Wednesday, November 10, 2010

Palace vows to deal with PAL labor woes; airline needs P2.5B


                                   PHILIPPINES AVIATION NEWS

MALACAÑANG IS looking for short- and long-term solutions on Philippine Airlines’ (PAL) string of labor woes, a Palace official said, with President Benigno S. C. Aquino III reviewing the Labor department’s recent affirmation of the carrier’s plan to outsource three units which would result in the layoff of some 2,600 workers.

Ricky A. Carandang, Presidential Communications Development and Strategic Planning secretary, said in an interview the Palace has a keen interest on PAL’s labor issues as these would have an impact on the public.

“This could lead to some kind of policy with regard to liberalization,” Mr. Carandang said.

Economic managers last month submitted to the President a memorandum recommending the full implementation of the civil aviation liberalization policy which could ease up the process for qualified foreign airlines wanting to expand operations in the Philippines.

“Therefore we’re not keeping our hands off. We’re reviewing the case very carefully and as the President said, once the case is reviewed then he will decide what the best intervention will be,” said Mr. Carandang.

Conciliation meetings between the management and the Philippine Airlines Employees’ Association (PALEA) will start today after the union filed a notice of strike with the National Conciliation and Mediation Board (NCMB) under the Labor department last Friday.

In a statement on Saturday, PALEA said it filed the notice of strike due to the “widespread and persistent attempts by management to convince union members, which by law is individual bargaining and constitute interference in the right to self-organization.”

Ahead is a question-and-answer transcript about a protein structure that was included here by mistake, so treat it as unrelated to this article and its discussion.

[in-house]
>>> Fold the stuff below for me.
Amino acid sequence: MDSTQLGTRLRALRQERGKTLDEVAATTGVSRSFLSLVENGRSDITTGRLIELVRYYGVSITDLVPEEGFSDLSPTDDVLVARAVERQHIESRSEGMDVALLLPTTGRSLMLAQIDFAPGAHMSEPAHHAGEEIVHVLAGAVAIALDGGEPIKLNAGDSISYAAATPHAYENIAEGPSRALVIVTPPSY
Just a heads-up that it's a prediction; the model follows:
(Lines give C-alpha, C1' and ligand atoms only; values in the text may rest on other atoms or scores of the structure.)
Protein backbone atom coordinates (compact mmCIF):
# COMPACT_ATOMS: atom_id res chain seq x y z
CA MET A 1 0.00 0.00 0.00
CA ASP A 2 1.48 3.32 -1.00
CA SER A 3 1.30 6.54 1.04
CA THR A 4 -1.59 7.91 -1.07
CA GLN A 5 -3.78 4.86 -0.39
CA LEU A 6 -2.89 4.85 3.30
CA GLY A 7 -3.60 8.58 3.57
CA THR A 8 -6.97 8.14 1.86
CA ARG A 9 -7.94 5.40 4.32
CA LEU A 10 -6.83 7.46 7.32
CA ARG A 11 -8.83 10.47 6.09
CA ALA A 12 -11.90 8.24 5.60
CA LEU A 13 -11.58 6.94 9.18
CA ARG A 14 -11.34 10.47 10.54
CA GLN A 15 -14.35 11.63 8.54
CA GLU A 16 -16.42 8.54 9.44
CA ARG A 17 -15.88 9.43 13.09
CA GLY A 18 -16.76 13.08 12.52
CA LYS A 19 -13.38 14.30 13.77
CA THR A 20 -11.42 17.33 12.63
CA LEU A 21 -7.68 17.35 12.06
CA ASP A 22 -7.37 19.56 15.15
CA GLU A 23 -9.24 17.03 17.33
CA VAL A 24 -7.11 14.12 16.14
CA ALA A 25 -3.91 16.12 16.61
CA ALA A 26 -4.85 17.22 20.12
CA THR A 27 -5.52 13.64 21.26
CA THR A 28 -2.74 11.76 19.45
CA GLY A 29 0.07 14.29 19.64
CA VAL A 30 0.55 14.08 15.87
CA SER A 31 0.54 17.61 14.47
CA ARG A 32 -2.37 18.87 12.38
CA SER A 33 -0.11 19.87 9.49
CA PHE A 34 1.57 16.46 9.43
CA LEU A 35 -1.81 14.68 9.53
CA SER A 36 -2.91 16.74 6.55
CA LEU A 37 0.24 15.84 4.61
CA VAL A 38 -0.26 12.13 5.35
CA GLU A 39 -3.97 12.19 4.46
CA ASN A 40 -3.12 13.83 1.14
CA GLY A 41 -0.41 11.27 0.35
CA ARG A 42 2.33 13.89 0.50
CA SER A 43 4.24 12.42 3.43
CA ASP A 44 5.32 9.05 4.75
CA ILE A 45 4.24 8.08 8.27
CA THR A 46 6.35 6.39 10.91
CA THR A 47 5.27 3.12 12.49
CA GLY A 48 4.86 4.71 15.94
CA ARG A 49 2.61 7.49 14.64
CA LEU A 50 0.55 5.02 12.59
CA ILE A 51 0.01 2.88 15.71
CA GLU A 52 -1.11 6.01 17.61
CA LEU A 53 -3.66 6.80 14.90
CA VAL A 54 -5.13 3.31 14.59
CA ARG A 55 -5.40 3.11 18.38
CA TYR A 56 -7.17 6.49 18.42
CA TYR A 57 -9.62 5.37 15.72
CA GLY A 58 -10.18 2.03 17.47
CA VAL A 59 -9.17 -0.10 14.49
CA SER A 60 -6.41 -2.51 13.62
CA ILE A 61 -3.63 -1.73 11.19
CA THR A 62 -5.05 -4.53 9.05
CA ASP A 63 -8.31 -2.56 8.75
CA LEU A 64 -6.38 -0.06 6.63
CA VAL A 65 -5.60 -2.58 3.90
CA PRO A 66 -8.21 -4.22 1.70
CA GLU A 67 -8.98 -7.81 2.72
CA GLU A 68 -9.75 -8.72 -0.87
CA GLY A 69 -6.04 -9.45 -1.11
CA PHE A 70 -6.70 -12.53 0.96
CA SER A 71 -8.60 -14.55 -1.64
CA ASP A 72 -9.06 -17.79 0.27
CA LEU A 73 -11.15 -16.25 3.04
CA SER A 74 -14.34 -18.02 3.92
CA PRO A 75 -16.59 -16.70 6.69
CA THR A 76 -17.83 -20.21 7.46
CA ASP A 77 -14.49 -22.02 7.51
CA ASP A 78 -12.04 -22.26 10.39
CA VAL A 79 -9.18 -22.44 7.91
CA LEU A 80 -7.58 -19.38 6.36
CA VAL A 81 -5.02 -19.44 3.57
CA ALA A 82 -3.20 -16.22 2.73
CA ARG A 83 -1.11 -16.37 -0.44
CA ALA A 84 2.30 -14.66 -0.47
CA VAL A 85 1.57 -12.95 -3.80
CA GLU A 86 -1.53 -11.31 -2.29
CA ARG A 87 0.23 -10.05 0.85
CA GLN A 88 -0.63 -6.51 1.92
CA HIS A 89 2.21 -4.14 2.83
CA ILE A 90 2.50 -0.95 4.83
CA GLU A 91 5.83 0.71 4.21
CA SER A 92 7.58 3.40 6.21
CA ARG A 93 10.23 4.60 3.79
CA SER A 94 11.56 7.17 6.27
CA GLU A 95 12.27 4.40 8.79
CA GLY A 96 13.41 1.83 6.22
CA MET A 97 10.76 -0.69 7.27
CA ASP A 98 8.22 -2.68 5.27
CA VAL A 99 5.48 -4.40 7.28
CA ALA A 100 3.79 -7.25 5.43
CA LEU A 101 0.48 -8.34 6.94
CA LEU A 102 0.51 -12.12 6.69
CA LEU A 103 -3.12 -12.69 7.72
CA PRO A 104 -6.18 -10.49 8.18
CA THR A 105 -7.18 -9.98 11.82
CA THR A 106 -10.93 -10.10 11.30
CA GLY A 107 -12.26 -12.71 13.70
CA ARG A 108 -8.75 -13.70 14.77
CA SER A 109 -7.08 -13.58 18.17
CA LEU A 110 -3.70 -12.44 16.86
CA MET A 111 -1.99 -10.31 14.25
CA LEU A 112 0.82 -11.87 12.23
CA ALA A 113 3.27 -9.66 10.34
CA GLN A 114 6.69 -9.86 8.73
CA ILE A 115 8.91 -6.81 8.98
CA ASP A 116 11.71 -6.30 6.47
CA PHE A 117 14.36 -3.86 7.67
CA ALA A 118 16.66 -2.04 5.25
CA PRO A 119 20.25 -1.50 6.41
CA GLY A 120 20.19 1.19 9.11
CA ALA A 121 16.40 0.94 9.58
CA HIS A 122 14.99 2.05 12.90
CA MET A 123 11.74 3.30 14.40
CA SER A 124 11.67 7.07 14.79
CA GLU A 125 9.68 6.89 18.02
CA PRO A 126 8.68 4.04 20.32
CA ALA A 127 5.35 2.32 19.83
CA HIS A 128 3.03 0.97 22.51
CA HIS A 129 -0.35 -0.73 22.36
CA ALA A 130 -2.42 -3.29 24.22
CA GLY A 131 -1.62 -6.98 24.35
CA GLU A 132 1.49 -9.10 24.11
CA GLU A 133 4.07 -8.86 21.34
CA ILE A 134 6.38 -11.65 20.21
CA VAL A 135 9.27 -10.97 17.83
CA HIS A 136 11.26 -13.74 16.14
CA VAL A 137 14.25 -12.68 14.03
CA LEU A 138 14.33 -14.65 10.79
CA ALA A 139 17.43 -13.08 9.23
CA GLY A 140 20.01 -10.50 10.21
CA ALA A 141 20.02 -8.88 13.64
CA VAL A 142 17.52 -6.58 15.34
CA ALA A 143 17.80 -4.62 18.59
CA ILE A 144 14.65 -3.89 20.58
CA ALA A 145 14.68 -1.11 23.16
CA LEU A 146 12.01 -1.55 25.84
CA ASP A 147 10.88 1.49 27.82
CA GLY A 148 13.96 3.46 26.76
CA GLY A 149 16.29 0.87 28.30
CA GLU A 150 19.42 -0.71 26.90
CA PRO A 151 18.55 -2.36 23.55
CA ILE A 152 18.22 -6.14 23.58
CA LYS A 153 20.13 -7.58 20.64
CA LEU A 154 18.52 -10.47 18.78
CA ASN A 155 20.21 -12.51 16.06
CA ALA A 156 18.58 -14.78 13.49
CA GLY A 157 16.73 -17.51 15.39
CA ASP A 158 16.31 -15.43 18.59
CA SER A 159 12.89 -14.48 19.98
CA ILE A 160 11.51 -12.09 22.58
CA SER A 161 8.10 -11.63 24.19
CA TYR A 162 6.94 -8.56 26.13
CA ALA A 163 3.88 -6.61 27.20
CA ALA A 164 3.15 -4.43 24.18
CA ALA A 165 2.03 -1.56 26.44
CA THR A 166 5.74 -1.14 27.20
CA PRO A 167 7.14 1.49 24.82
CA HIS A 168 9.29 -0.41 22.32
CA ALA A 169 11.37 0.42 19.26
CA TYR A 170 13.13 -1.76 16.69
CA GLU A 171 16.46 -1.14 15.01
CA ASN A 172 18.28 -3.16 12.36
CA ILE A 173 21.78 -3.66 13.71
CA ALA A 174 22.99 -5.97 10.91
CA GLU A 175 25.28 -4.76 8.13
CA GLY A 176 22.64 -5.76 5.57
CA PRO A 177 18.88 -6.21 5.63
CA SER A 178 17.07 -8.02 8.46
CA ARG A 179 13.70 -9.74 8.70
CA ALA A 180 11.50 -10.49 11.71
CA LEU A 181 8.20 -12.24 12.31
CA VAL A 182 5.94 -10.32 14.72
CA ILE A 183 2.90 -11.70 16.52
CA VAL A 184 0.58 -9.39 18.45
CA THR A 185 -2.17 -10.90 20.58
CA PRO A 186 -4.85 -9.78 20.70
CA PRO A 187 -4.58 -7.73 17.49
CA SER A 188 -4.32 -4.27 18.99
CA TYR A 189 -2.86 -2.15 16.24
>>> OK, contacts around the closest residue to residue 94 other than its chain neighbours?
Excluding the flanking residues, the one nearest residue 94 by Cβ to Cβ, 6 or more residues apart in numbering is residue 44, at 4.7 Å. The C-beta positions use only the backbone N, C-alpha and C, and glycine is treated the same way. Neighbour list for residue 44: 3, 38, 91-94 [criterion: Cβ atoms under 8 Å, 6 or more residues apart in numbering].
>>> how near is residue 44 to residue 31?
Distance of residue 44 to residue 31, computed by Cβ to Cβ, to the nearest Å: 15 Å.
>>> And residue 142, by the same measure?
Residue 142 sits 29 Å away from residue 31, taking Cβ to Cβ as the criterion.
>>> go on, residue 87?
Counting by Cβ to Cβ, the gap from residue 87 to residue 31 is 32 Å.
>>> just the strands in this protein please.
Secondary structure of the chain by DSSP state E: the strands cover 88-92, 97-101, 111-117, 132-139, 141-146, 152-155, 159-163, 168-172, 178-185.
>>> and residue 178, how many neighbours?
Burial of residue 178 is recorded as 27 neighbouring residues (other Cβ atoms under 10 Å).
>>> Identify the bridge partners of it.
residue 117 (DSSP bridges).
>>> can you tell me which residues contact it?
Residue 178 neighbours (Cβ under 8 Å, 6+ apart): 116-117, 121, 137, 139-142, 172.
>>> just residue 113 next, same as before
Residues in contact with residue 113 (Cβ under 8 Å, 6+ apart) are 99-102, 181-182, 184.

“We cited unfair labor practice as ground. The specifics of the unfair labor practice are individual bargaining with union members which is tantamount to interference with, restraint, and coercion of employees in the exercise of their right to self-organization, and mass termination of union officers amounting to union busting,” PALEA President Gerardo F. Rivera said.

After filing the notice of strike, the next step in the process is for PALEA to conduct a strike vote among its members.

PAL management said on Saturday the filing of notice of strike was “just a union strategy to delay implementation of PAL’s spin-off program.”

“There is no reason for our passengers to be alarmed. A strike is not likely to happen anytime soon as the DoLE (Department of Labor and Employment) views PAL’s continued operations as imbued with national interest,” PAL spokeswoman Cielo C. Villaluna said.

“We categorically deny ‘directly negotiating’ with union members, as claimed by PALEA, inasmuch as management regularly conducts consultative talks only with PALEA officials and not with the members,” she added.

PAL, meanwhile, will borrow an additional P2.5 billion to fund working capital next year, on top of the P2.5 billion needed to compensate workers to be affected by layoffs.

Jose Gabriel D. Olives, PAL chief financial officer, told reporters the airline was in talks with government-run Land Bank of the Philippines and Development Bank of the Philippines and some foreign creditors to borrow the said amount. “We will have a combination of restructuring and cutting down of fuel expenses for next year,” he added.

Mr. Olives said potential investors have asked the airline to resolve labor issues before discussions about infusing fresh funds into the airline resume. -- Ana Mae G. Roa and Aura Marie P. Dagcutan